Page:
A Campaign Of Inclusiveness

By | Friday, January 07, 2011 1 comment
I just learned of this guy's quest to become a comic book extra. It strikes me as an interesting premise in light of the fact that the largest publishers have not been putting fan letters in their books -- historically, the comic fans best chance of achieving a modicum of fame within a comic. I've made into a few comics myself but not nearly to Jeff's level. He's even got dialogue in a few issues. By my reckoning, he's already made more comic book appearances than Jack Kirby! It's kind of a clever way to be immortalized for a comic fan.

Though, obviously, it's not a tactic most people can employ. Jeff's success, I expect, is largely predicated on the fact that he's basically the only guy doing this and it's something of a novelty. I'm sure that if a wave of people starting flooding artists with requests, they'd largely be ignored.

From a bit of a geek perspective, within the context of the stories, it suggests one hell of an interesting cross-over since he's been killed once in Walking Dead, apparently revived, digitized in Tron: Betrayal and brought back out to the real world. A regular Rick Jones this guy is!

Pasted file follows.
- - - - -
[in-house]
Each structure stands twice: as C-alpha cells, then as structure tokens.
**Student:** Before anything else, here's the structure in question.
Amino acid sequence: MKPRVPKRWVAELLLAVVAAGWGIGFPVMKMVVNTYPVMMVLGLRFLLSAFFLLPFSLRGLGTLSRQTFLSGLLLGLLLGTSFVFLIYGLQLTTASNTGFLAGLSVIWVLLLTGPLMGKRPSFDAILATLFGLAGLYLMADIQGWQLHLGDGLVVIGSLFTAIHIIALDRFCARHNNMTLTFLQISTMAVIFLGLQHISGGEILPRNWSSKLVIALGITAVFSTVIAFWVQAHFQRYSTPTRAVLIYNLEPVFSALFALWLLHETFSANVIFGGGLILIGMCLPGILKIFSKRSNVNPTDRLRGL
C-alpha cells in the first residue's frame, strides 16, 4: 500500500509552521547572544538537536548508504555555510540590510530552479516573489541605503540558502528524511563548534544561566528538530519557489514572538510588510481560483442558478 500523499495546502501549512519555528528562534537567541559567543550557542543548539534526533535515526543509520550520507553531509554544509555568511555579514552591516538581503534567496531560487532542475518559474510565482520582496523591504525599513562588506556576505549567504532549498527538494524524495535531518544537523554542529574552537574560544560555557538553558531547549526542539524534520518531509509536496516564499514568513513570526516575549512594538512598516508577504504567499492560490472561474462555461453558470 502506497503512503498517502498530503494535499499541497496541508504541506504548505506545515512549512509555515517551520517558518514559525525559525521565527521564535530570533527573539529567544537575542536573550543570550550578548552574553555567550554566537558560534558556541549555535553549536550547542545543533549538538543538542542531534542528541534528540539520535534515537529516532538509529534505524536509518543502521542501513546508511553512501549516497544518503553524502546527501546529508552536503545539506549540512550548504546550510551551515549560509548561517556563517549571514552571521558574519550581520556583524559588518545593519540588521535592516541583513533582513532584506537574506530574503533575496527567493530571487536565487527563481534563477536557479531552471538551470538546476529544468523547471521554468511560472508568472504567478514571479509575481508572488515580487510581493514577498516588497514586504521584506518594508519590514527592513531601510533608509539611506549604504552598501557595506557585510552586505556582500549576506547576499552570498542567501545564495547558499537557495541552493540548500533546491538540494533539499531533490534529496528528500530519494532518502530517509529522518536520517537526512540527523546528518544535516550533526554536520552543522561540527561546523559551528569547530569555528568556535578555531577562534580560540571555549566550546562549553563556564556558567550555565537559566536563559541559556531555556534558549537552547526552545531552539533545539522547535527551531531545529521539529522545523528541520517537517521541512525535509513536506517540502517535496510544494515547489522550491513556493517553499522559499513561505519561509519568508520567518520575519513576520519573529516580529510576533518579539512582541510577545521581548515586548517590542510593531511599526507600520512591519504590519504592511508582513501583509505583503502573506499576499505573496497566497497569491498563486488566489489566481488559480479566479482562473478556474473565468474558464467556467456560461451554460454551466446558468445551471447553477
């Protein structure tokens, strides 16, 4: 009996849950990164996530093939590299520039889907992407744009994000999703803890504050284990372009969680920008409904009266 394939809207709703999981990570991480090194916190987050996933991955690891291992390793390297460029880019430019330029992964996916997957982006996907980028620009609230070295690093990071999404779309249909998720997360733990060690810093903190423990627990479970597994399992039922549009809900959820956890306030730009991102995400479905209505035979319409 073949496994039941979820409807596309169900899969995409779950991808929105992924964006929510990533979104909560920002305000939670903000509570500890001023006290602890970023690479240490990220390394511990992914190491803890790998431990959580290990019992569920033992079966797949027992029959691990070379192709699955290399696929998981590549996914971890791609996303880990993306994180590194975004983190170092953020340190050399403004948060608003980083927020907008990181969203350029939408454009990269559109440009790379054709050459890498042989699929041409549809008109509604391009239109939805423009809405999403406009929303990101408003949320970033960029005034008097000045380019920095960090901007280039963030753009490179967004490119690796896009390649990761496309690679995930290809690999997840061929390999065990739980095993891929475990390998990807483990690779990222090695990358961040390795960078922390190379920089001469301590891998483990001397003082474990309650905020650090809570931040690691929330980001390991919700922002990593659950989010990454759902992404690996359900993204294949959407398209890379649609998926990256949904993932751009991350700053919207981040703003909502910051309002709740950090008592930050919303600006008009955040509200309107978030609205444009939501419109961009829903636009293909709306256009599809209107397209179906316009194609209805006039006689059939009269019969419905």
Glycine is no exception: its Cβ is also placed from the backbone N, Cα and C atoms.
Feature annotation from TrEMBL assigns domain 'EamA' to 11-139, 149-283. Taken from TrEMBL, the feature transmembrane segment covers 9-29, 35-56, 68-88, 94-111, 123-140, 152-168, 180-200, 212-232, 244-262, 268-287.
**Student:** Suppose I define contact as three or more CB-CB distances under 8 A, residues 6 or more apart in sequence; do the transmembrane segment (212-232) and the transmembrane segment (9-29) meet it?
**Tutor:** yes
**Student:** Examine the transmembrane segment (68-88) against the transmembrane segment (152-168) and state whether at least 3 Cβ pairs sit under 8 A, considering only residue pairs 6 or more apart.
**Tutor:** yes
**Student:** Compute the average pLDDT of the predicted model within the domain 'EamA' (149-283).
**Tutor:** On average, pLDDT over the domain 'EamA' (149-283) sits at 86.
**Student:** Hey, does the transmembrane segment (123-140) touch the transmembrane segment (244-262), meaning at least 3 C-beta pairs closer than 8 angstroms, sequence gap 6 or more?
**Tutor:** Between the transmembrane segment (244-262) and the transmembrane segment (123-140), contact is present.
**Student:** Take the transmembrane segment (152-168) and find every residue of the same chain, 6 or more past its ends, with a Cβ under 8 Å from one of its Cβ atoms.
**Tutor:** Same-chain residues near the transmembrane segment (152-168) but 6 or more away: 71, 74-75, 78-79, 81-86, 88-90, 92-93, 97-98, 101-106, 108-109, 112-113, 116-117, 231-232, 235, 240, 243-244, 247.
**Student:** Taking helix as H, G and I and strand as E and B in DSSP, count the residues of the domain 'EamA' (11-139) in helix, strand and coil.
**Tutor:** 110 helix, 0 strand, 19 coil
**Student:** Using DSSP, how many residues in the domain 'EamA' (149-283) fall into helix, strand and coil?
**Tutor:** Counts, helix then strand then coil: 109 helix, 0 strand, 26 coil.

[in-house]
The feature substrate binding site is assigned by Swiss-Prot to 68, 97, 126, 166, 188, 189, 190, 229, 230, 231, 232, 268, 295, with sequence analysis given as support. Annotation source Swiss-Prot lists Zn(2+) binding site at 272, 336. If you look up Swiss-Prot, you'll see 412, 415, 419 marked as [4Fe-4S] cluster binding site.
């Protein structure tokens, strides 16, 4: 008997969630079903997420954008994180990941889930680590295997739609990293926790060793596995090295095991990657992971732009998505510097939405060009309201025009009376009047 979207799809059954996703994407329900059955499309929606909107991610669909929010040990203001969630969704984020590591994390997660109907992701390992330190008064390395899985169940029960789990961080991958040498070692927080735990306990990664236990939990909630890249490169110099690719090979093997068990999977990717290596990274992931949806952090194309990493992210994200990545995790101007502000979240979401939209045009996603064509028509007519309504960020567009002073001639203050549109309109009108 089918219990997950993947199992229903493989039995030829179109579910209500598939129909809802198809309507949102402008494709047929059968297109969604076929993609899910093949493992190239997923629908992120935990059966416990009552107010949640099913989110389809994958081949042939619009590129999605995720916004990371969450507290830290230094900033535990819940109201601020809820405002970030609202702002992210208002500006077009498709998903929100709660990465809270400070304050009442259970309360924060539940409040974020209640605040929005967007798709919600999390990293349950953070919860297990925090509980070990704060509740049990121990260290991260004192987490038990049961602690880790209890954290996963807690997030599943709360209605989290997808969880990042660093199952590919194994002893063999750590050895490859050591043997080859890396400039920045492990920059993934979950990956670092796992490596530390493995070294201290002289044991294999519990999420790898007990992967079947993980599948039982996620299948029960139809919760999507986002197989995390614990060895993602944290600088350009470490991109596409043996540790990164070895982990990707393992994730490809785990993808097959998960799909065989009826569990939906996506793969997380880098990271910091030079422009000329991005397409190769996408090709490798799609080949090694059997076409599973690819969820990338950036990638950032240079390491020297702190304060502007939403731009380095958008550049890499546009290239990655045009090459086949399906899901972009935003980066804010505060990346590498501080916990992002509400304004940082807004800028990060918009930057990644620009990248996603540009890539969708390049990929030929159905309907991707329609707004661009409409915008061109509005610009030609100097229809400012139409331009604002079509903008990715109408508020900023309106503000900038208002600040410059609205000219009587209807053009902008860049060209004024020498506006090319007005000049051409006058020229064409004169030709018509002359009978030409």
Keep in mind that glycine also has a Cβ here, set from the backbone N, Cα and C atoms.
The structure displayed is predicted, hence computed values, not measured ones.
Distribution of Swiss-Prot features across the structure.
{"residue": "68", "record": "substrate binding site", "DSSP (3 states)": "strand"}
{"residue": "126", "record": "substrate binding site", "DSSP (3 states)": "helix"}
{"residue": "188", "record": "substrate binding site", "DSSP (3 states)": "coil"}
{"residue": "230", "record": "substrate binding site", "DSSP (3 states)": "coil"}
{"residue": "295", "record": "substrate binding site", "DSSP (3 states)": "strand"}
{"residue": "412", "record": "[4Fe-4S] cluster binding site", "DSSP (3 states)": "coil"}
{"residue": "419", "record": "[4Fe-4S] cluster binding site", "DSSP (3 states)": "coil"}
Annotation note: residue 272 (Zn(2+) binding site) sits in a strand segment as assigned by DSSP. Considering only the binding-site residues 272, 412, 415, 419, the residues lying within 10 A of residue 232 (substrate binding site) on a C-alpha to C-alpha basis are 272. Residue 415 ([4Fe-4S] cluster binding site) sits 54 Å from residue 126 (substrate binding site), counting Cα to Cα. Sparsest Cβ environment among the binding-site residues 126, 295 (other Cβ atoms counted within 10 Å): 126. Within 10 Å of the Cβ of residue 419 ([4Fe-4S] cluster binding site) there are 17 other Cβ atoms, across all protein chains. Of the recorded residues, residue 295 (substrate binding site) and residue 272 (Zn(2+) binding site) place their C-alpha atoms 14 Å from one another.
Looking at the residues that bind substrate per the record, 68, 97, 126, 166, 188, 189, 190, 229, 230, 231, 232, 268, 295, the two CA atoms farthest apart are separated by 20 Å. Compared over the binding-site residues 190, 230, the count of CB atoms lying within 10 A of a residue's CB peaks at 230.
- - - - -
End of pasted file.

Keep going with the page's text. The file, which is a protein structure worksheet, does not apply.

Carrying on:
Personally, I'd rather show up in a few books that I'm already interested in than any that happen to have an artist that thinks it's a neat idea, but more power to Jeff for doing something a little different.
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Joe Willy said...

I was "cold called" by a male model who at first I thought to be some sort of freak or spammer. He was actually just a retired model with some old photos he thought might make cool fantasy covers. So far I've had no use for his work but I always thought that could be a way to make a little money for someone and am surprised you don't see others doing it.

As far as just being in comics as a cameo, it's been a prize in several contests and it's also been done as a Easter Egg by artists who are fans of things such as podcasts (Comic Geek Speak gets their logo in the background of lots of mainstream comics).